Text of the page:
Due to me having migraines, the NHS therapist opted for using a pen/pencil for my eyes to follow for treatment rather than a lightbar. I remember feeling frustrated at not starting the actual therapy and having to do the prep work before using the technique. But my therapist waited until we had established a good bond and some trust. Plus I really struggled with visualisation and creating a “safe place” it took huge amounts of work, but she was creative and patient with her approach. Therapy sessions were very up and down. It was very difficult to open up as I have spent years in silence. It was extremely challenging to trust someone. The memories and going back to the past was so overwhelming and frightening at times. Some weeks I felt I was really resisting/ avoiding it. On the whole sessions were well controlled by the therapist, but it is a very uncomfortable experience. Some sessions were “a necessary evil”. Sessions were always absolutely draining. Sometimes I went home thinking “Why the hell have I done this, now I have recalled memories that I never knew I had – surely that’s more traumatic?” I could be really angry and resentful with my therapist and go home thinking she was useless and horrible for making me feel like this. Then the next week, I would feel as though it was all working and I could feel things slowly shifting and I would think she was amazing. Following each session, I would also inevitably have a really bad 24-48 hours of much worse PTSD symptoms, when the brain starts to allow itself to process the memories due to the EMDR treatment. Luckily, I always timed therapy for my day off on a Friday so that I could just have a really quiet day on my own and practise the mindful/ self-care activities that my therapist taught me. She also made sure that she would time really emotive sessions around any significant events so that treatment didn’t negatively impact a holiday or wedding etc. What surprised me was how many strange links the brain makes due to trauma. It was during sessions that I realised that other traumas had affected me as they kept getting mixed up together. That was when I discovered there had been a second sexual assault. It also emerged that the emergency operation and miscarriage were still not processed and were part of the PTSD. The therapist always made sure that I didn’t leave any session in distress and gave me lots of guidance and information around trauma and self-care. Mid-point, I was terrified about ending the treatment and whether it would work. But by the time I got to the last couple of sessions I realised how much progress had been made and how much more positive and empowered I felt.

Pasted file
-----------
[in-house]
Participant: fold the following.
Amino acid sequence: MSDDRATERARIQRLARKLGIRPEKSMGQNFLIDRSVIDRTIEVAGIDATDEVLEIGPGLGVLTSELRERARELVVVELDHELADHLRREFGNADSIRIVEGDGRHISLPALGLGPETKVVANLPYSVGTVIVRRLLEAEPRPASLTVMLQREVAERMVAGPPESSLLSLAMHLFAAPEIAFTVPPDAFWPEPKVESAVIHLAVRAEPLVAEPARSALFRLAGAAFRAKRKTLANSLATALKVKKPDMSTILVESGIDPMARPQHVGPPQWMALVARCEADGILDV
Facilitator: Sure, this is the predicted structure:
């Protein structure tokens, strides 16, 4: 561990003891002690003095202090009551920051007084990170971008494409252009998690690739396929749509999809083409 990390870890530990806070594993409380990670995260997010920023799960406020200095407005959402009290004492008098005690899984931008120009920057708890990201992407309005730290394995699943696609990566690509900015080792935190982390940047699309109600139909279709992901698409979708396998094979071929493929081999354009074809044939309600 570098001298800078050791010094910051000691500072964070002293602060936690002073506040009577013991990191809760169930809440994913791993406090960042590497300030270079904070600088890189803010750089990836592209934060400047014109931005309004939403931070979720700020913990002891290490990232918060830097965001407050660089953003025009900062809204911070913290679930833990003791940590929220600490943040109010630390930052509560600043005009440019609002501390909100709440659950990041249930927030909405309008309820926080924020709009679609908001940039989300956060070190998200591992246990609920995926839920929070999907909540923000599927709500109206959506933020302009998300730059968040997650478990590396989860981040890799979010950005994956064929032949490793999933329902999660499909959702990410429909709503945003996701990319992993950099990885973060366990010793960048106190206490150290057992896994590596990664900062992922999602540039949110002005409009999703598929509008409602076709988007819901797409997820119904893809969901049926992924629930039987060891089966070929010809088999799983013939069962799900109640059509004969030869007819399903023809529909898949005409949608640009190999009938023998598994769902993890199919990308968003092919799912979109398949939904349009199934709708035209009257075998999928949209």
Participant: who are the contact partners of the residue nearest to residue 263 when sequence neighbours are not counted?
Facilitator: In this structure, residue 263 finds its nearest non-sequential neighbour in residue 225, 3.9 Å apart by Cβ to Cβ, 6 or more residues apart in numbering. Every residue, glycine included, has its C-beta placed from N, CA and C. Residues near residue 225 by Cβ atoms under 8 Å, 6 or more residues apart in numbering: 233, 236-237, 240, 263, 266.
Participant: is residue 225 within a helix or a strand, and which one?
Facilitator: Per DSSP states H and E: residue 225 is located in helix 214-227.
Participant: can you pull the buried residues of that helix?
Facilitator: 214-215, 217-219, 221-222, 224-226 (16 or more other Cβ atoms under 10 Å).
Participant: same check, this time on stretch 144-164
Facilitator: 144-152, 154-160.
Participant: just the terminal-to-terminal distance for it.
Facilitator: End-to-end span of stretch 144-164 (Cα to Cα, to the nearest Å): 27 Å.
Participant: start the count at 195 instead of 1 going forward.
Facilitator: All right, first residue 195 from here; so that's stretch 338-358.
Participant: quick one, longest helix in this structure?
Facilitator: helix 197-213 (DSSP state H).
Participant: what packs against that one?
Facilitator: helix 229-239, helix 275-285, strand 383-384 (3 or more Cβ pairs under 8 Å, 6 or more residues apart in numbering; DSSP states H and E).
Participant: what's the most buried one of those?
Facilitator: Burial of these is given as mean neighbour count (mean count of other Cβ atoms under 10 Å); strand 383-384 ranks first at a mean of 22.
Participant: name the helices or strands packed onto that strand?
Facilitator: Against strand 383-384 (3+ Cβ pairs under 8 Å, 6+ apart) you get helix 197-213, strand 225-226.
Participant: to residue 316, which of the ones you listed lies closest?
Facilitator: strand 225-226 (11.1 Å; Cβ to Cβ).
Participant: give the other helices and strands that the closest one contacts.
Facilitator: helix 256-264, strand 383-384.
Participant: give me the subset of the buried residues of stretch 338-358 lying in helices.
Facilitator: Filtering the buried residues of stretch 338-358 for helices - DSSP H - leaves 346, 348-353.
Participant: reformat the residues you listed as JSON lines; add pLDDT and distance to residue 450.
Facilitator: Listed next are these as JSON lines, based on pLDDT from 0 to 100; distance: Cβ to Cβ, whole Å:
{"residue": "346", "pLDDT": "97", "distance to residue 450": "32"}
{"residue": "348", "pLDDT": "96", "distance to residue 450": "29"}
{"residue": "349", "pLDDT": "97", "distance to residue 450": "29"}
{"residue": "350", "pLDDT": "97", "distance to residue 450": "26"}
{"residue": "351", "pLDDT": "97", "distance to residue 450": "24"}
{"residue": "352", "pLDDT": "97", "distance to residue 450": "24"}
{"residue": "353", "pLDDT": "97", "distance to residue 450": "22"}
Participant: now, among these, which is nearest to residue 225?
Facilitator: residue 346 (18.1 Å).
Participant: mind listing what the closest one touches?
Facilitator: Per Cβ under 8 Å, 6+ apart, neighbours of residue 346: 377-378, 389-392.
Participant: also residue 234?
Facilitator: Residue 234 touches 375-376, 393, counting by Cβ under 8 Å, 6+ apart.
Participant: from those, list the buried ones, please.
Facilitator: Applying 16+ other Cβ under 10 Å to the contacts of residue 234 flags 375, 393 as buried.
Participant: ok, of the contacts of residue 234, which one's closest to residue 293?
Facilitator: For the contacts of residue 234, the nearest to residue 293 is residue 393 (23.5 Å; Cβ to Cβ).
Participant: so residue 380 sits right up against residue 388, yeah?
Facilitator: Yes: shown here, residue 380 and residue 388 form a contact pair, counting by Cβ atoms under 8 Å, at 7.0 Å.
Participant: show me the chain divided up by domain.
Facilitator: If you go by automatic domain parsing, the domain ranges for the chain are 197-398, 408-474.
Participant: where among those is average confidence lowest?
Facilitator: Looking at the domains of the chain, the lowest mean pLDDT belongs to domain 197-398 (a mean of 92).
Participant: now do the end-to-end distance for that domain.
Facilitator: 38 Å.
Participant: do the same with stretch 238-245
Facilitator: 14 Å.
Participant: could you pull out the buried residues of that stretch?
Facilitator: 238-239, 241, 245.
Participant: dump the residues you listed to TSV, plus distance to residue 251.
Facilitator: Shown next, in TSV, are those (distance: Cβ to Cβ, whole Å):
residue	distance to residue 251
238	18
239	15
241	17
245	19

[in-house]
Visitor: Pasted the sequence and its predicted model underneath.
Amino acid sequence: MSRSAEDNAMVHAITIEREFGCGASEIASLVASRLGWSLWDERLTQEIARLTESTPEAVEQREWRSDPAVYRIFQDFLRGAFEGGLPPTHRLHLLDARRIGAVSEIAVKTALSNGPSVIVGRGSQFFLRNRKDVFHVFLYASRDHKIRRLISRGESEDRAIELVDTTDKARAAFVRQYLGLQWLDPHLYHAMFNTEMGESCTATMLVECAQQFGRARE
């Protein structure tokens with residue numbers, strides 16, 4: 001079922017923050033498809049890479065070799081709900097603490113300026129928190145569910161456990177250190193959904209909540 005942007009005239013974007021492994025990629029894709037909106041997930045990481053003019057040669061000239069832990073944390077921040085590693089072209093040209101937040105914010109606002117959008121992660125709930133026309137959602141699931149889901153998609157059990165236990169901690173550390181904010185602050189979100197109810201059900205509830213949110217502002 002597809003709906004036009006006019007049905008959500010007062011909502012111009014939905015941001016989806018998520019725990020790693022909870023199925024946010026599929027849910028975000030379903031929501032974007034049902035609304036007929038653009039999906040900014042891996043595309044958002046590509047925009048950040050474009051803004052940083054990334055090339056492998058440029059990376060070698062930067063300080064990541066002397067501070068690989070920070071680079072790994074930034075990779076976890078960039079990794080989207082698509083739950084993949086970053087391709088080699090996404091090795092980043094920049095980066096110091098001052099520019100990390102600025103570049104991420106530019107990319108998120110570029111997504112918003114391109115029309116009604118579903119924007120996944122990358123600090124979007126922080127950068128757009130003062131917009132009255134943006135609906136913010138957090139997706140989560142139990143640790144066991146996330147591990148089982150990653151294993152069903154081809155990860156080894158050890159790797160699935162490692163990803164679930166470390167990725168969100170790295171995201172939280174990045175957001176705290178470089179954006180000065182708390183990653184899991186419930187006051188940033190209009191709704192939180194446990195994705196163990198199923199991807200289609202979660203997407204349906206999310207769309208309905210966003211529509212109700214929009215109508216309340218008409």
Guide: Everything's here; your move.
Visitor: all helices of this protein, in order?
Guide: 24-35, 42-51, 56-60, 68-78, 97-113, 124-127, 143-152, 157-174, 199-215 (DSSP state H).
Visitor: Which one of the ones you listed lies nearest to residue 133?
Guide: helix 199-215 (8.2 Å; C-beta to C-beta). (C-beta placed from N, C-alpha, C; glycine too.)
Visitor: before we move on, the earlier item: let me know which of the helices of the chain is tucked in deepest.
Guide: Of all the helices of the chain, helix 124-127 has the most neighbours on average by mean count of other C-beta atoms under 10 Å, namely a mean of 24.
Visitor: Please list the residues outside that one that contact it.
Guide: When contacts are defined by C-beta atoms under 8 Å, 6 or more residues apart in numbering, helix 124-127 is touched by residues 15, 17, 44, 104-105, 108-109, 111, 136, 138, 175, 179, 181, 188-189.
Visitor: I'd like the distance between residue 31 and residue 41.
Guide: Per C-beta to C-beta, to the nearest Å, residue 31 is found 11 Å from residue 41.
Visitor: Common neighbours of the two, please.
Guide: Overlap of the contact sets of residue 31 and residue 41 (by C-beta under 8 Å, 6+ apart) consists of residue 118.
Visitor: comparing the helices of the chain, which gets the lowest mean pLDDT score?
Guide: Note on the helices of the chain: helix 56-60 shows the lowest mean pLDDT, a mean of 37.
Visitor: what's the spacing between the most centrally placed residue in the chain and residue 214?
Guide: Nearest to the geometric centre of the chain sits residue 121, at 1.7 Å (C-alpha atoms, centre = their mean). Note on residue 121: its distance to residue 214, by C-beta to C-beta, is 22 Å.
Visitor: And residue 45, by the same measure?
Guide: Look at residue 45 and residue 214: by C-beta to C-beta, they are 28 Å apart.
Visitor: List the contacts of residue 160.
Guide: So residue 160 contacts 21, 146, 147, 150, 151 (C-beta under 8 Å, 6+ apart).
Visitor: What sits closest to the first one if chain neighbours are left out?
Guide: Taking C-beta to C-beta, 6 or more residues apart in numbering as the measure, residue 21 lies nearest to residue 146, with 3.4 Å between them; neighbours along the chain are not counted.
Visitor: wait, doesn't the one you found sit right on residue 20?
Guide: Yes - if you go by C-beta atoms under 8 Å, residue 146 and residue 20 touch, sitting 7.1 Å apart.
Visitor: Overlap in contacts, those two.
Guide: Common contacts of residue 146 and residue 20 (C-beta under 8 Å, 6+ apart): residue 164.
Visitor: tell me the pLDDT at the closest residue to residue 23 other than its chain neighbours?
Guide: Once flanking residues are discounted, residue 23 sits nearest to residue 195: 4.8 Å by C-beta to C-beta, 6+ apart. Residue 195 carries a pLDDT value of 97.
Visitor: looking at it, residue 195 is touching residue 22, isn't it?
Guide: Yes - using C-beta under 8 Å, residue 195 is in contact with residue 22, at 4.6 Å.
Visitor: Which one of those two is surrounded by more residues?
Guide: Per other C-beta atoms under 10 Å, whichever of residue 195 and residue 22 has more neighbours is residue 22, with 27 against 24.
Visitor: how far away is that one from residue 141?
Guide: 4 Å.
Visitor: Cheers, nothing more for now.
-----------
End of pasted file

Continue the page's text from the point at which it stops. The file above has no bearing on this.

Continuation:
What is life like after your EMDR treatment?